Nepal: the World's Newest Republic
by Thomas Bell
www.telegraph.co.uk/, June 21,
Nepal's ousted King Gyanendra said in
his farewell address to the nation that he respected the decision
to abolish his monarchy
He decided to call a press conference
- and for dismayed royalists the ensuing scene encapsulated the
fall of an ancient institution that had collapsed from within.
Excited journalists climbed on the palace
furniture. They posed for pictures in the chair where Gyanendra
would sit, flanked by two stuffed tigers. When the ex-king arrived
they heckled him with the rudest words in the Nepali language.
Yet he gave his speech with dignity. Five
years after sacking his first prime minister, three years after
he used the army to seize absolute power, he was going quietly.
The king had seized power to defeat a
powerful Maoist insurgency that was fuelled by the poverty and
injustice of village life. But while the royal army floundered
against the rebels in the hills, republican protests swelled on
the streets of the capital. A peace process led to elections earlier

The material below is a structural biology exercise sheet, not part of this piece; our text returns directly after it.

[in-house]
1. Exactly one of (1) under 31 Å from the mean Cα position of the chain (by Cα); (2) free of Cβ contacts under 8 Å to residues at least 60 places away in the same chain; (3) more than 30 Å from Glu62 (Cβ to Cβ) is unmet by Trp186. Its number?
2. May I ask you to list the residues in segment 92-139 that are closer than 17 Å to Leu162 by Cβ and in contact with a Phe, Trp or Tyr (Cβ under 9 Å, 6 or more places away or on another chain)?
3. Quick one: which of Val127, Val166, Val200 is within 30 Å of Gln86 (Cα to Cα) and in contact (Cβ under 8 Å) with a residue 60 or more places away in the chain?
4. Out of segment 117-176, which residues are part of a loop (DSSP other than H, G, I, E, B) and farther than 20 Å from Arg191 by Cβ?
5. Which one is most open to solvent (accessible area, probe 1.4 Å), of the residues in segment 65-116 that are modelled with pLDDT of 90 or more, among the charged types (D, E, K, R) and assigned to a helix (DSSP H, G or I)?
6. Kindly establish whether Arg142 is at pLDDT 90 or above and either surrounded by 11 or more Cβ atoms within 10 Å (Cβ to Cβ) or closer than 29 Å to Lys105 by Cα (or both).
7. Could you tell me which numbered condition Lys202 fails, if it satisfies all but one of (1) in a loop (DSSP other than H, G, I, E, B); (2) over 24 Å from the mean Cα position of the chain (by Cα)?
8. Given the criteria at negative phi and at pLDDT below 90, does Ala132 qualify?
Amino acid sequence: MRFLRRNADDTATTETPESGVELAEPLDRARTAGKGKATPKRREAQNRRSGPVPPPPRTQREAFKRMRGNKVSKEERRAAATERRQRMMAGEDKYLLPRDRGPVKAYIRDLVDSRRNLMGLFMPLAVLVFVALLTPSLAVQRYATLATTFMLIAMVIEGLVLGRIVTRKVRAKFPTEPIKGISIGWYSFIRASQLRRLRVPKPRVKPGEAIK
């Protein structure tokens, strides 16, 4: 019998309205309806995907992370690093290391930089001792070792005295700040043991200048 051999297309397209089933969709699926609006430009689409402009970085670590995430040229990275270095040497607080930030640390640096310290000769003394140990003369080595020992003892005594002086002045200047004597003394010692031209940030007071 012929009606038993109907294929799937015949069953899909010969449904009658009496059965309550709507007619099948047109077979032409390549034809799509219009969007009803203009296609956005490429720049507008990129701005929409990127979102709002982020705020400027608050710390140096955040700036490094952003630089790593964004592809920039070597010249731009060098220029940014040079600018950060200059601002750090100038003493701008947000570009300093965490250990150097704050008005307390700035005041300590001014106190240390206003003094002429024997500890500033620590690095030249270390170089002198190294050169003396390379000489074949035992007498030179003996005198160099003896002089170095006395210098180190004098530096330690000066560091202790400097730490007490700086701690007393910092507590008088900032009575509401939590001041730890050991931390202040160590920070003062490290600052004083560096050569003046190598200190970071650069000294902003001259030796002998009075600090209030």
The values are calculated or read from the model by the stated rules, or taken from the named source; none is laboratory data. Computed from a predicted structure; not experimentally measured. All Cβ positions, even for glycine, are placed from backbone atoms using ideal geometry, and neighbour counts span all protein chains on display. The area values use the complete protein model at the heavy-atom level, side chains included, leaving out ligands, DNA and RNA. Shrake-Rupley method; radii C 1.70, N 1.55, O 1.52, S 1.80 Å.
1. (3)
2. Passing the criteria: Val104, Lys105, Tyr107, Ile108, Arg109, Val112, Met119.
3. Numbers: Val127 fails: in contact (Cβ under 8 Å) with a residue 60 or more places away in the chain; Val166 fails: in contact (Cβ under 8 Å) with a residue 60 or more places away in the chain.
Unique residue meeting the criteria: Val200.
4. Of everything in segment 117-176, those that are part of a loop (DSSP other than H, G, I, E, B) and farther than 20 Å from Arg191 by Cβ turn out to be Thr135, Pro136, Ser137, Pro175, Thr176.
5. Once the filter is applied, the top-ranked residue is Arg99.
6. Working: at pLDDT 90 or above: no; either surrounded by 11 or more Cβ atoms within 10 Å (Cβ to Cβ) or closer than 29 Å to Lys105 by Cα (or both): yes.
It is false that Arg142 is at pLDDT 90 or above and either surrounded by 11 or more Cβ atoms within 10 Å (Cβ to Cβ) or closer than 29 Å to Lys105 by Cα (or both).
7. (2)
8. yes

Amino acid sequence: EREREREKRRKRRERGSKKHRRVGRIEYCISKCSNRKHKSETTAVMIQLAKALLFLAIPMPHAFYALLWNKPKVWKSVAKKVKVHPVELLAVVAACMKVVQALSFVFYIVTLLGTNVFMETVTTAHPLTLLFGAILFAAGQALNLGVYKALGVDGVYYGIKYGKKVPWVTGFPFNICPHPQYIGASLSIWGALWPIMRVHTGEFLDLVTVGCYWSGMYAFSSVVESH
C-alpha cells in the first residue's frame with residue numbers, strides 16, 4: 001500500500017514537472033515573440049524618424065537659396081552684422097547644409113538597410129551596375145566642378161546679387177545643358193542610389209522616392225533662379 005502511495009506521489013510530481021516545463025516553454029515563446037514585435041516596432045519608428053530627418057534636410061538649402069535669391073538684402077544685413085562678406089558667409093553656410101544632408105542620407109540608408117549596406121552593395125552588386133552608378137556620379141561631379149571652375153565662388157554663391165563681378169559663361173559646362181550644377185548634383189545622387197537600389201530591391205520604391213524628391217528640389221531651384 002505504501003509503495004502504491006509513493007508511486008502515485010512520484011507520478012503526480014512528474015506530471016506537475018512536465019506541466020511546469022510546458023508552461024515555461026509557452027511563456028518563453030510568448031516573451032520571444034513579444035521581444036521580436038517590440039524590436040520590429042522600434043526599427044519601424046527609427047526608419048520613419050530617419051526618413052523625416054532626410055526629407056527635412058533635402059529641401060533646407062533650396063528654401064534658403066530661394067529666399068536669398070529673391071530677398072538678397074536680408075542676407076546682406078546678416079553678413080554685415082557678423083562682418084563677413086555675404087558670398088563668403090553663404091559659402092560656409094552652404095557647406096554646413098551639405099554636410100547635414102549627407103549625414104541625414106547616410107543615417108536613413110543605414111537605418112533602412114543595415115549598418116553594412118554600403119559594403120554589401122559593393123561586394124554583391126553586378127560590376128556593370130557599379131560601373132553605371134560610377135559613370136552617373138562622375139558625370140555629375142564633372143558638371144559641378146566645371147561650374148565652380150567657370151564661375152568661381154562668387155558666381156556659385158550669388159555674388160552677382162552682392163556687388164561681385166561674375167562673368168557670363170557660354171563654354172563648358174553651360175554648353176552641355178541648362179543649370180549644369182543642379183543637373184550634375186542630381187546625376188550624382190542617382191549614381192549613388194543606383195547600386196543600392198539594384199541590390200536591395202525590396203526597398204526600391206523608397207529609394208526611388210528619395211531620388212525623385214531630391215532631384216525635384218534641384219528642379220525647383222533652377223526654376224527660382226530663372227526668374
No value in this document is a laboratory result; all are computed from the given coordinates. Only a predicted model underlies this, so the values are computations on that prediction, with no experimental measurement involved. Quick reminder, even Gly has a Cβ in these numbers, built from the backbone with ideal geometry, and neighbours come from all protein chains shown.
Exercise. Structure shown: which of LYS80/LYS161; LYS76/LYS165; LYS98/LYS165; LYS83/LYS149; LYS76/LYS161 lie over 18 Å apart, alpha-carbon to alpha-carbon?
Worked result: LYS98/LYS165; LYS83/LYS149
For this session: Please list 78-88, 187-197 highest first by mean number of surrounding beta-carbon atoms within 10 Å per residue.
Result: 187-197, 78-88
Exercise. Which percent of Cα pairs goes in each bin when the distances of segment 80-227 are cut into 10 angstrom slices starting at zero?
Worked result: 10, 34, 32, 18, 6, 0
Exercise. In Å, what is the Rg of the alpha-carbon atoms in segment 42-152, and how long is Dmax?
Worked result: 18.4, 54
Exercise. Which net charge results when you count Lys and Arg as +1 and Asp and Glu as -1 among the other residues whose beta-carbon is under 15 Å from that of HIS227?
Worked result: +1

The next government will be led by the
Maoists, who have already abolished the monarchy. The king - seen
as a living god, and worshipped as an incarnation of Lord Vishnu
- became just another commoner.
And yet, in the manner of his departure,
Gyanendra won sympathy from some unexpected quarters. On the day
he left the palace a well-known commentator, not noted for his
royalist sympathies, sent me an email. "It was a day full
of thrill and tears," he wrote. "Some people are really
sad today. His exit was a tragic day for an institution."
"Leaving the palace was the best
thing he has done in two years," says Sirish Shumsher Rana,
the king's former information minister. "What the king did
[when he seized power] was necessary, but he failed."
Monarchists still cling to the hope that
if Gyanendra's reputation is repaired, and if the next government
fails as most Nepali governments do, some kind of royal revival
might one day be possible. After all, abolishing an institution